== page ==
Lifelong platonic friends Zack and Miri look to solve their respective cash-flow problems by making an adult film together. As the cameras roll, however, the duo begin to sense that they may have more feelings for each other than they previously thought.
When podcaster Wallace Bryton goes missing in the backwoods of Manitoba while interviewing a mysterious seafarer named Howard Howe, his best friend Teddy and girlfriend Allison team with an ex-cop to look for him.
Haley Joel Osment
When a Las Vegas performer-turned-snitch named Buddy Israel decides to turn state's evidence and testify against the mob, it seems that a whole lot of people would like to make sure he's no longer breathing.
An abortion clinic worker with a special heritage is enlisted to prevent two angels from reentering Heaven and thus undoing the fabric of the universe. Along the way, she is aided by two prophets, Jay and Silent Bob. With the help of Rufus, the 13th Apostle, they must stop those who stand in their way and prevent the angels from entering Heaven. Written by
Jerel Parenton <J.W.Parenton@student.tcu.edu>
The role of Loki was written for Jason Lee, but scheduling conflicts forced him to take on the smaller role of Azrael and Matt Damon took over as Loki. See more »
In the Wisconsin airport, when Loki steps over the seats to sit next to Bartleby he steps over with his left leg first in one shot and in the next shot he is stepping over with his right leg first. See more »
Ladies and Gentlemen, the driving force behind Catholicism WOW, Cardinal Glick.
Thank you, thank you, thank you. Now we all know how the majority and the media in this country view the Catholic church. They think of us as a passe, archaic institution. People find the Bible obtuse... even hokey. Now in an effort to disprove all that the church has appointed this year as a time of renewal... both of faith and of style. For example, the crucifix. While it has been a time honored ...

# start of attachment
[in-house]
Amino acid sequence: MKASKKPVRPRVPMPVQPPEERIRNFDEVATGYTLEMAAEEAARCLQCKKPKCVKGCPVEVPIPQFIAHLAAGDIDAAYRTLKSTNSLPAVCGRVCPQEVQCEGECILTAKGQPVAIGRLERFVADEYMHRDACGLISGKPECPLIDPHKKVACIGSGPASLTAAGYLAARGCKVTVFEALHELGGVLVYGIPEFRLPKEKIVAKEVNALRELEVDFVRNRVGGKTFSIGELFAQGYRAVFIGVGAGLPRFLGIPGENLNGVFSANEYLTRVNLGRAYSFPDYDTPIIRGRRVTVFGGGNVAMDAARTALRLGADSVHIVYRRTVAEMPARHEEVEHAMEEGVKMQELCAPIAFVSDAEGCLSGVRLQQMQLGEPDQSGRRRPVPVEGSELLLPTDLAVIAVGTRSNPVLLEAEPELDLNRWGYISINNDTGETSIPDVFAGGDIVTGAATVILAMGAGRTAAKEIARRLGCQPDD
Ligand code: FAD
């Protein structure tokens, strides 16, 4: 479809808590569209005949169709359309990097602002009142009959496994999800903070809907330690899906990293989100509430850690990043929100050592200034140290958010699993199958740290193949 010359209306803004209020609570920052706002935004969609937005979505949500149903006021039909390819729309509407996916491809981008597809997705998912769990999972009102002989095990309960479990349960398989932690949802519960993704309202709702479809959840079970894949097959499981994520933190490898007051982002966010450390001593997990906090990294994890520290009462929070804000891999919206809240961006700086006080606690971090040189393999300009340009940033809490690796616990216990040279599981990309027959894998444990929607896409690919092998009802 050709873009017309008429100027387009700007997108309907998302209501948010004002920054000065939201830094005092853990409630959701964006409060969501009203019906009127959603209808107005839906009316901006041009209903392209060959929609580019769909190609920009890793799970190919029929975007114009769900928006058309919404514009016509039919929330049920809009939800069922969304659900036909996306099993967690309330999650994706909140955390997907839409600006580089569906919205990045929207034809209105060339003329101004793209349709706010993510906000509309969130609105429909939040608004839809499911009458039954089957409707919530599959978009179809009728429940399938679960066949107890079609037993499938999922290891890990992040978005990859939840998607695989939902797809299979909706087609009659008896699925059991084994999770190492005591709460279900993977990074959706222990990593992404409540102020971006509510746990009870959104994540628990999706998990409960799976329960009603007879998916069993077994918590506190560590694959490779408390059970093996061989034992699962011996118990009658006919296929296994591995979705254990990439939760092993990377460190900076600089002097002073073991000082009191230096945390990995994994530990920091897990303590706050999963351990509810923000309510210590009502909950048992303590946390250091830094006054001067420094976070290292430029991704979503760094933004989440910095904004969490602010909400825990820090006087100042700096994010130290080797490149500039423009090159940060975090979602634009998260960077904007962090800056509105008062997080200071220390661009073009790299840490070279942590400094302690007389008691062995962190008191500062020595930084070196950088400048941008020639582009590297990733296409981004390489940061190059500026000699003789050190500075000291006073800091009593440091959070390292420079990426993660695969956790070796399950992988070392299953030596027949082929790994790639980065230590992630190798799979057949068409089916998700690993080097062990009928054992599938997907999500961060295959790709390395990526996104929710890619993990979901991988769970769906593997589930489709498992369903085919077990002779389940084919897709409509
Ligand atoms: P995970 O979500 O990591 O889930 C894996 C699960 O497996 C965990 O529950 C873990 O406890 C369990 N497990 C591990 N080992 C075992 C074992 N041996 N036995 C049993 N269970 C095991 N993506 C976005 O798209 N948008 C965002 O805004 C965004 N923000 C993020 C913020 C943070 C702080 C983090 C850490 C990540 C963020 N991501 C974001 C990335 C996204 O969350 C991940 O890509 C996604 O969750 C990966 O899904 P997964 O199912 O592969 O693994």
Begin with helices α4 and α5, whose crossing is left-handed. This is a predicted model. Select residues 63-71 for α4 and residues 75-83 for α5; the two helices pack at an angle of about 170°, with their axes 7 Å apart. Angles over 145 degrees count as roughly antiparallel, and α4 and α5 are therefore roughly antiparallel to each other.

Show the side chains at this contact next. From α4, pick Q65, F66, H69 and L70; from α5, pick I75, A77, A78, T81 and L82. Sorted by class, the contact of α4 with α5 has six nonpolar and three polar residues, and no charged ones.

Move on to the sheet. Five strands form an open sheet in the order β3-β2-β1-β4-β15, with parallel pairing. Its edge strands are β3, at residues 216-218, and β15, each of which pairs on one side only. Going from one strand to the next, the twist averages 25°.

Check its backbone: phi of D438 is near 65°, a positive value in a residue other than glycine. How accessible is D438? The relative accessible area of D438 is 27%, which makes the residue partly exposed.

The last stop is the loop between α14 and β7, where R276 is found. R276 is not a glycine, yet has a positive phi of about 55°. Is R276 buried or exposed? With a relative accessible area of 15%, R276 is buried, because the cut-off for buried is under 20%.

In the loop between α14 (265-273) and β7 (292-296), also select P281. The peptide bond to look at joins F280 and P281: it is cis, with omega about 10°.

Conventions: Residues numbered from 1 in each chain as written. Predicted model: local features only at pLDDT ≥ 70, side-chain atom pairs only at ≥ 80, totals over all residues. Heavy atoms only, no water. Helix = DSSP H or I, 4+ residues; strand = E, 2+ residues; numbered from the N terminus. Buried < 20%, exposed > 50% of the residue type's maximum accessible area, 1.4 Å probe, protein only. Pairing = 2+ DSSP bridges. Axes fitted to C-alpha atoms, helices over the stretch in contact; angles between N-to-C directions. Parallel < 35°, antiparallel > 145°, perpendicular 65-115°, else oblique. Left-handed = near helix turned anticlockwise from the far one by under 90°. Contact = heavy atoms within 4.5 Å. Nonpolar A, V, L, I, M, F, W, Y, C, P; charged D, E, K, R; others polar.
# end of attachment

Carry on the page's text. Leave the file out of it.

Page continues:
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Read the further adventure of Jay and Silent Bob in Oni Press Comics. Find Jay and Silent Bob whoring their image on t-shirts, action figures, and other fine products produced exclusively by Graphitti Designs. And when you're in Red Bank, drop a few bucks on comics, toys, and cool "Dogma" swag (all featuring Jay and Silent Bob) at Jay & Silent Bob's Secret Stash, 35 Broad St. Hey, man - I've got a kid I'm going to have to put through college one day, alright? See more »
Written by Schooly-D (as Jesse Bonds Weaver, Jr.)
Courtesy of Schoolly Dee Music (admin. by Zomba Songs Inc.) (BMI)
Performed by Schooly-D (as Schoolly D)
Courtesy of Jive Records See more »
Another vote from a cradle Catholic who was not remotely offended by this movie. Not that some of the negatives mentioned by other posters here aren't true -- yes, a lot of the humor is gross, yes, the F-word is overused, yes, its criticism of organized religion is less stinging that you'd expect (though that in itself is a slightly foolish expectation, given that the writer/director is himself an active member of an organized religion). And yes, if you're not Catholic, much of the movie is a little foggy, under-explained, and not very engaging. That last one I definitely agree with; I seriously doubt whether I'd recommend the film to a non-Catholic at all.
But, oh, God, I LOVED it, serious flaws and all! It's a huge chaotic mess with about sixty different trains of thought and philosophy, from the ecstatic to the scatological, slugging it out for dominance, and in its very sloppiness there's a sense of anarchic, exultant wonder I've never seen in a movie before. The only two things like it that I can think of are Thornton Wilder's play "Skin of Our Teeth" and G.K. Chesterton's amazing joyous fever dream of a novel "The Man Who Was Thursday", both of which are works by people who may or may not have faith but who definitely have a good idea. Or several dozen of them, and who just run with them wherever they go. These works are big chaotic messes, but in that way they are mirrors of Creation, the mother of all big chaotic messes. In all these works, just as in the real world, love and joy and beauty and filth and cruelty and despair are constantly tumbling over and bleeding into each other; the one universal rule is that everything is absurd, that the human race is the most absurd thing of all, and that this absurdity can be the catalyst to either suffocating grief or a kind of hilarious wonder.
If you go into "Dogma" expecting a trim and tidy theological comedy of manners, you'll be sorely disappointed. If you're looking for something with the same filthy gorgeous lunacy of existence itself, this is it.
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